US President Donald Trump has said in an interview with Fox News that the only sphere where he wants to “invade” is actually economy, thereby downplaying fears of a conflict with Iran amid rising tensions between the two countries.
During the Sunday interview, Trump was asked to comment on Republican Sen. Lindsey Graham’s summary of their talks in January, when the two allegedly discussed the possibility of using military force in Venezuela. According to Graham, he warned Trump against such a move, while Trump allegedly surprisingly said: “You want to invade everywhere except where I want to invade.” The interviewer asked Trump to specify places where he wanted to invade.
“I want to invade, if I have to, economically,” Trump replied, praising his administration’s economic policies and stating that they had helped to create “a much stronger country economically.”
Commenting on Iran, he reiterated that he did not seek a war with Tehran, noting that the main thing he wanted was “not let Iran have nuclear weapons.”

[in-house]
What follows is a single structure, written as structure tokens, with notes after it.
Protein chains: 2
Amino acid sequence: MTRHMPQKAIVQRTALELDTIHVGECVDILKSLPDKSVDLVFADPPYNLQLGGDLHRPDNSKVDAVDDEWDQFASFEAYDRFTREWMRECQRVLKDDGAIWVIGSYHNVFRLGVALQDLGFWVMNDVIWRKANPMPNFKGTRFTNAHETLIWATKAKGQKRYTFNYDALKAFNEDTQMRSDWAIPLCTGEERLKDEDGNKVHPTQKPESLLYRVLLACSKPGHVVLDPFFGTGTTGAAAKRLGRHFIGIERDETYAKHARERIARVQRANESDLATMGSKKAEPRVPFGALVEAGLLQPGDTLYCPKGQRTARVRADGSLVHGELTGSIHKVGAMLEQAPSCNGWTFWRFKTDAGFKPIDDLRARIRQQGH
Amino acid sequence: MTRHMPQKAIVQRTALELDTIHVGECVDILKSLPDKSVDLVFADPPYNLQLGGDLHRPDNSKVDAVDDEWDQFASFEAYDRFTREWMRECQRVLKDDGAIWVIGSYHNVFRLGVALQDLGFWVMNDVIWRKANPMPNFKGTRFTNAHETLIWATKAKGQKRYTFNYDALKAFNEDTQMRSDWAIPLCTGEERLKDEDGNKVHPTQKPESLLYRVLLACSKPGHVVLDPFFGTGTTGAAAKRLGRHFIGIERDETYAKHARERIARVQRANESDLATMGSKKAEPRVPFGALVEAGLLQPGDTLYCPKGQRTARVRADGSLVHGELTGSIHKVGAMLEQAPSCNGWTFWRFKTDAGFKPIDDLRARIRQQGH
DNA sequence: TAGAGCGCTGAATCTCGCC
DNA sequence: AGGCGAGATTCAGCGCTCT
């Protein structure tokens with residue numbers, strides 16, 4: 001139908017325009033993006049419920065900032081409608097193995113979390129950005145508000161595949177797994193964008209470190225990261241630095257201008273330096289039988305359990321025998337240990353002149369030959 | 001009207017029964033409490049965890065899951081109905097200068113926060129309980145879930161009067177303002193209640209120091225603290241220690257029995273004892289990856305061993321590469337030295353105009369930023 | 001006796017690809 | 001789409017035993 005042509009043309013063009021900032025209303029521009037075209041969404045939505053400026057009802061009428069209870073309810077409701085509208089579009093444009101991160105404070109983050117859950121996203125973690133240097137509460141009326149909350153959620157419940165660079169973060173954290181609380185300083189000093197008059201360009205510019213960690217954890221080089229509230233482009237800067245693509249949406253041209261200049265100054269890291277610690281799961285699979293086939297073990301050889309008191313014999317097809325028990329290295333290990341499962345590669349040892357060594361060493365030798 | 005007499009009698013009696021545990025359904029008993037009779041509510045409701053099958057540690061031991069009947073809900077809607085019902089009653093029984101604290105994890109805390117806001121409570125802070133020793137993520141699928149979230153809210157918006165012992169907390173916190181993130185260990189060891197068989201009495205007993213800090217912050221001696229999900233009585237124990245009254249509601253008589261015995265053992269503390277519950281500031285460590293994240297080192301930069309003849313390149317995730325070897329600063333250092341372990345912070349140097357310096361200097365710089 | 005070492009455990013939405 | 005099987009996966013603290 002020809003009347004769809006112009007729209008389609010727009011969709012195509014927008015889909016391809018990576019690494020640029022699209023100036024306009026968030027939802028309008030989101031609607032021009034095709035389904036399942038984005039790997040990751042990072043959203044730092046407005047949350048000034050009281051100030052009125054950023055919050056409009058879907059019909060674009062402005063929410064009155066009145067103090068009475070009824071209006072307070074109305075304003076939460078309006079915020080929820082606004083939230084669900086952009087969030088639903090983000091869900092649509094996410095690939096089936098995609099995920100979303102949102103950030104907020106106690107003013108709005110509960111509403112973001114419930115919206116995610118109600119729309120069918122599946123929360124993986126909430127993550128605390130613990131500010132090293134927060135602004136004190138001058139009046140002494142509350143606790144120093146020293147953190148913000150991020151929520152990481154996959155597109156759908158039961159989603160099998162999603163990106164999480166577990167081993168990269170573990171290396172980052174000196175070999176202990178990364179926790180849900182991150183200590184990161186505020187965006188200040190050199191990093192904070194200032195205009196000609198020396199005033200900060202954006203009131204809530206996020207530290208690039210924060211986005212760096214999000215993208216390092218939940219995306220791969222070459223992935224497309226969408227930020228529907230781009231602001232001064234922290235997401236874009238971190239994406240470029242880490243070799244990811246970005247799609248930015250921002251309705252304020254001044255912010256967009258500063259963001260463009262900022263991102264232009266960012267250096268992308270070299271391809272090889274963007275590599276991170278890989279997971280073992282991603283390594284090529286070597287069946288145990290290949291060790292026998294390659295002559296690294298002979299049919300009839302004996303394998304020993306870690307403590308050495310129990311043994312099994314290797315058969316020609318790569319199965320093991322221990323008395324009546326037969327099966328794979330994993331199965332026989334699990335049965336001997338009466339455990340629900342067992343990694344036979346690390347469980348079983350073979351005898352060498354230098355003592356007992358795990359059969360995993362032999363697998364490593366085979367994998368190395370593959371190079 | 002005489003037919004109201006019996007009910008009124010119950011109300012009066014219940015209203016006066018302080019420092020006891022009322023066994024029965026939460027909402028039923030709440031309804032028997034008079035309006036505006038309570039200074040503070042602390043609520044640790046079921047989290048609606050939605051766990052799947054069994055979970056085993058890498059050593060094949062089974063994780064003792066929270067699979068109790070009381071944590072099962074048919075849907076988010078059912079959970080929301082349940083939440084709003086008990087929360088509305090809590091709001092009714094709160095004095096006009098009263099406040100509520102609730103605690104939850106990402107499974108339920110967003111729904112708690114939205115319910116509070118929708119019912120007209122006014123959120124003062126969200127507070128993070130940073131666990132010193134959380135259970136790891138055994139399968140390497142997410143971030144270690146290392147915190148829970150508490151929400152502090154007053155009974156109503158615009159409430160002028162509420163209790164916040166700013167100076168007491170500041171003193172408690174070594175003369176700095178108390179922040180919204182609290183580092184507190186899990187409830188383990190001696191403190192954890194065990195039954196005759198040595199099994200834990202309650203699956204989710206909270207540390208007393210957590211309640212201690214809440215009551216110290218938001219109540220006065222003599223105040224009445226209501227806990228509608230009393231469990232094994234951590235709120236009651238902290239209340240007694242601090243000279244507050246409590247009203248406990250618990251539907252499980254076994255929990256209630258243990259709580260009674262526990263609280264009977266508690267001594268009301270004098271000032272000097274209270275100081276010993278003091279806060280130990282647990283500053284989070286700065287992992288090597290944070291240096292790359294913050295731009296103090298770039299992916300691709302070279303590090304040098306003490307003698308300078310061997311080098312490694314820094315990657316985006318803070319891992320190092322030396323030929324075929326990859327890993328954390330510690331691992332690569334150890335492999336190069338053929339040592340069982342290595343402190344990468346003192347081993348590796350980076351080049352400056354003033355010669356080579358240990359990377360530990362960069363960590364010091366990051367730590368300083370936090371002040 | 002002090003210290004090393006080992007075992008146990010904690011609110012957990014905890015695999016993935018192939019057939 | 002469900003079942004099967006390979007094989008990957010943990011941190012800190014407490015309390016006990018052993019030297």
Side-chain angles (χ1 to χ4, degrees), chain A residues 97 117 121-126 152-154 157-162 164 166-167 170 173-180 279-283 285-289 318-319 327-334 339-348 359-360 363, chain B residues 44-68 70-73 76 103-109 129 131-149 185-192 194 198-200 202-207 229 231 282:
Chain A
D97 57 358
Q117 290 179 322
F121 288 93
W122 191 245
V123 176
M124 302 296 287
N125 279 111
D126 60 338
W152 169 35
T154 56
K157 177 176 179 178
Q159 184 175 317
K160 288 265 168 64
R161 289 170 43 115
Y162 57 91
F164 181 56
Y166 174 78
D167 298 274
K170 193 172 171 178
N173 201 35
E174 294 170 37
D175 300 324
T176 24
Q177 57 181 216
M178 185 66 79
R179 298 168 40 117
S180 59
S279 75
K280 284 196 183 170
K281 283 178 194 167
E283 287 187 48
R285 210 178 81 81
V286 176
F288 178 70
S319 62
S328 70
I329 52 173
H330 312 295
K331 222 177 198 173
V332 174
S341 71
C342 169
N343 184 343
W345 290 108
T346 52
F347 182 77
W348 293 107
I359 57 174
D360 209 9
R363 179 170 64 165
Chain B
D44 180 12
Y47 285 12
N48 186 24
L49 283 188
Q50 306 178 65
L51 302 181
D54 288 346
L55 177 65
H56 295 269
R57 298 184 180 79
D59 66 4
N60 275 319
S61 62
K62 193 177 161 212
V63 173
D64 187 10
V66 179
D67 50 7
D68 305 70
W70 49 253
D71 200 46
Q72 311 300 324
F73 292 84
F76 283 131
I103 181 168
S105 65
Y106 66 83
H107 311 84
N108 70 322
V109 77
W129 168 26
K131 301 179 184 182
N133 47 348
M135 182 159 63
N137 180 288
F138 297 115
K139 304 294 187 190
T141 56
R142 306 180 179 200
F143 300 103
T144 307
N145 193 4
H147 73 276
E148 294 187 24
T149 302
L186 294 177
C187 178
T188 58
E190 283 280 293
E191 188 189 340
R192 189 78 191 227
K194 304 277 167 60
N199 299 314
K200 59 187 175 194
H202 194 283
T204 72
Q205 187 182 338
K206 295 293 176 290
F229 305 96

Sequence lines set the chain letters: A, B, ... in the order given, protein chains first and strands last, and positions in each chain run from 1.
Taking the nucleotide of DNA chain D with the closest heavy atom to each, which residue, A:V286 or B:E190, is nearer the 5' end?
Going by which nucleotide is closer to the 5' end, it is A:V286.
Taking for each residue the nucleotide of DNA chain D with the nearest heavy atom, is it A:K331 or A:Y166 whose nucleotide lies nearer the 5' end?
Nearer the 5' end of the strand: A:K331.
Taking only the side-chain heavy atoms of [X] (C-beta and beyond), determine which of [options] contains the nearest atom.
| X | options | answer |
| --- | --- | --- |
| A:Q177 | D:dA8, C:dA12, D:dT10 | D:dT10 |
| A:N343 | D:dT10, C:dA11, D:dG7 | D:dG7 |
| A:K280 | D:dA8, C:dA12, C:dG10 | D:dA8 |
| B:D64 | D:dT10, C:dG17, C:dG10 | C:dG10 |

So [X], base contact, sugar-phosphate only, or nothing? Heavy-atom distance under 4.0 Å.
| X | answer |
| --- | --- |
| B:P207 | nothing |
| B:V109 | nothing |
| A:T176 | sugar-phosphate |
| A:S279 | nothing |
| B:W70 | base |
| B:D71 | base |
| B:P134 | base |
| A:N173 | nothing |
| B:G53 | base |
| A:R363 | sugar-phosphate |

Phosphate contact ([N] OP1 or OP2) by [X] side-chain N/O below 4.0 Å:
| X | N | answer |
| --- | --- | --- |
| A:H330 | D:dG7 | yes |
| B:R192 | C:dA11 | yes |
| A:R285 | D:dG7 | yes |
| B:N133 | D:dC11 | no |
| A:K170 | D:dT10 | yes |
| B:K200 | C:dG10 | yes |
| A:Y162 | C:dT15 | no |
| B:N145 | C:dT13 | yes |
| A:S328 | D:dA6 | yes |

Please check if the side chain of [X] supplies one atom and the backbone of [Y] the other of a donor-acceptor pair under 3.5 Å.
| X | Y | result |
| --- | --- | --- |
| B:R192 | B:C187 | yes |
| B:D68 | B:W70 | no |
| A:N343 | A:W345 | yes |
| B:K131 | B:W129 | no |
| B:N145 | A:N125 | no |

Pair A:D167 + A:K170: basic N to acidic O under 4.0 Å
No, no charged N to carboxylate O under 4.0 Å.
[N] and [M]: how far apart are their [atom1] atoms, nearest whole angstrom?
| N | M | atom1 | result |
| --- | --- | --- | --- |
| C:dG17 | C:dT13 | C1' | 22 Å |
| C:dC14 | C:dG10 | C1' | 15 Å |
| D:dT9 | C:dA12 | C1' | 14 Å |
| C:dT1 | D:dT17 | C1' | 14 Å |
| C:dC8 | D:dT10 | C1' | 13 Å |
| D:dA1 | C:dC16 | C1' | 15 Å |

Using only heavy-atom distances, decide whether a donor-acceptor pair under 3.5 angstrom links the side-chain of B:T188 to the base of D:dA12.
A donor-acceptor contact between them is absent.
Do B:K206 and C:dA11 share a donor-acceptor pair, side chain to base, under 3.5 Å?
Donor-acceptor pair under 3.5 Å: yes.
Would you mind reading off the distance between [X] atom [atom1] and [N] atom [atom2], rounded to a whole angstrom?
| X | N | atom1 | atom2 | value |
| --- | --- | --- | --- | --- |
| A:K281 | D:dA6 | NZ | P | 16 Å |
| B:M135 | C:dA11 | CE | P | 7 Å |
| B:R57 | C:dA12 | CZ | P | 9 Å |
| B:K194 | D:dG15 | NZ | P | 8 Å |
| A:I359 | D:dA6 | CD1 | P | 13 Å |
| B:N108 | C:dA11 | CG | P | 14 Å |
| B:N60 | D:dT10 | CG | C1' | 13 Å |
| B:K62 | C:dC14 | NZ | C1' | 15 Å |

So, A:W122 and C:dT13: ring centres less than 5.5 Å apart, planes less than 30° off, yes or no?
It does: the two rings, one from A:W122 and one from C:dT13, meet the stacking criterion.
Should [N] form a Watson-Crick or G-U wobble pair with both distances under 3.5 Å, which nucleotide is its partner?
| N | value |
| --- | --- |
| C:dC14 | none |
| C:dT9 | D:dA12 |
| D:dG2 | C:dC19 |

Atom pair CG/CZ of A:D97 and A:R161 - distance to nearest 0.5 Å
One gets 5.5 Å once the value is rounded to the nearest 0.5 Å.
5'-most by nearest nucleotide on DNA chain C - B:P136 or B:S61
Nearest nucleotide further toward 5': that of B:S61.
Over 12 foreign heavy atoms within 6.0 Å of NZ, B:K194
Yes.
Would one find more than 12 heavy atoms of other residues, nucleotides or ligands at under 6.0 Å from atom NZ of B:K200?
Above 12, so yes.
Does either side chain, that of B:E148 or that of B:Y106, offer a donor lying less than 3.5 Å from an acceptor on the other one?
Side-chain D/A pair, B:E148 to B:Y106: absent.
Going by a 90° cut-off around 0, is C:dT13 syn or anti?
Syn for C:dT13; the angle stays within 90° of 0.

“I am not somebody who wants to go into war because war kills economy, kills people most importantly,” he added.
“I don’t want to fight. But you do have situations like Iran, you can’t let them have nuclear weapons — you just can’t let that happen,” he said.
“I ended the Iran Nuclear Deal, and actually, I must tell you — I had no idea it was going to be as strong as it was. It totally — the country is devastated from the standpoint of the economy,” he told Hilton.
US-Iranian tensions flared up last year after Washington unilaterally withdrew from the 2015 nuclear deal and started reinstating harsh sanctions against the country. On May 8, 2019, Iran announced the decision to partially discontinue its obligations under the deal. The United States, in turn, has stepped up its military presence in the Middle East in what White House National Security Adviser John Bolton has called “a clear and unmistakable message to the Iranian regime.” The deployment includes a carrier strike group, Patriot missiles, B-52 bombers and F-15 fighters, according to the Pentagon.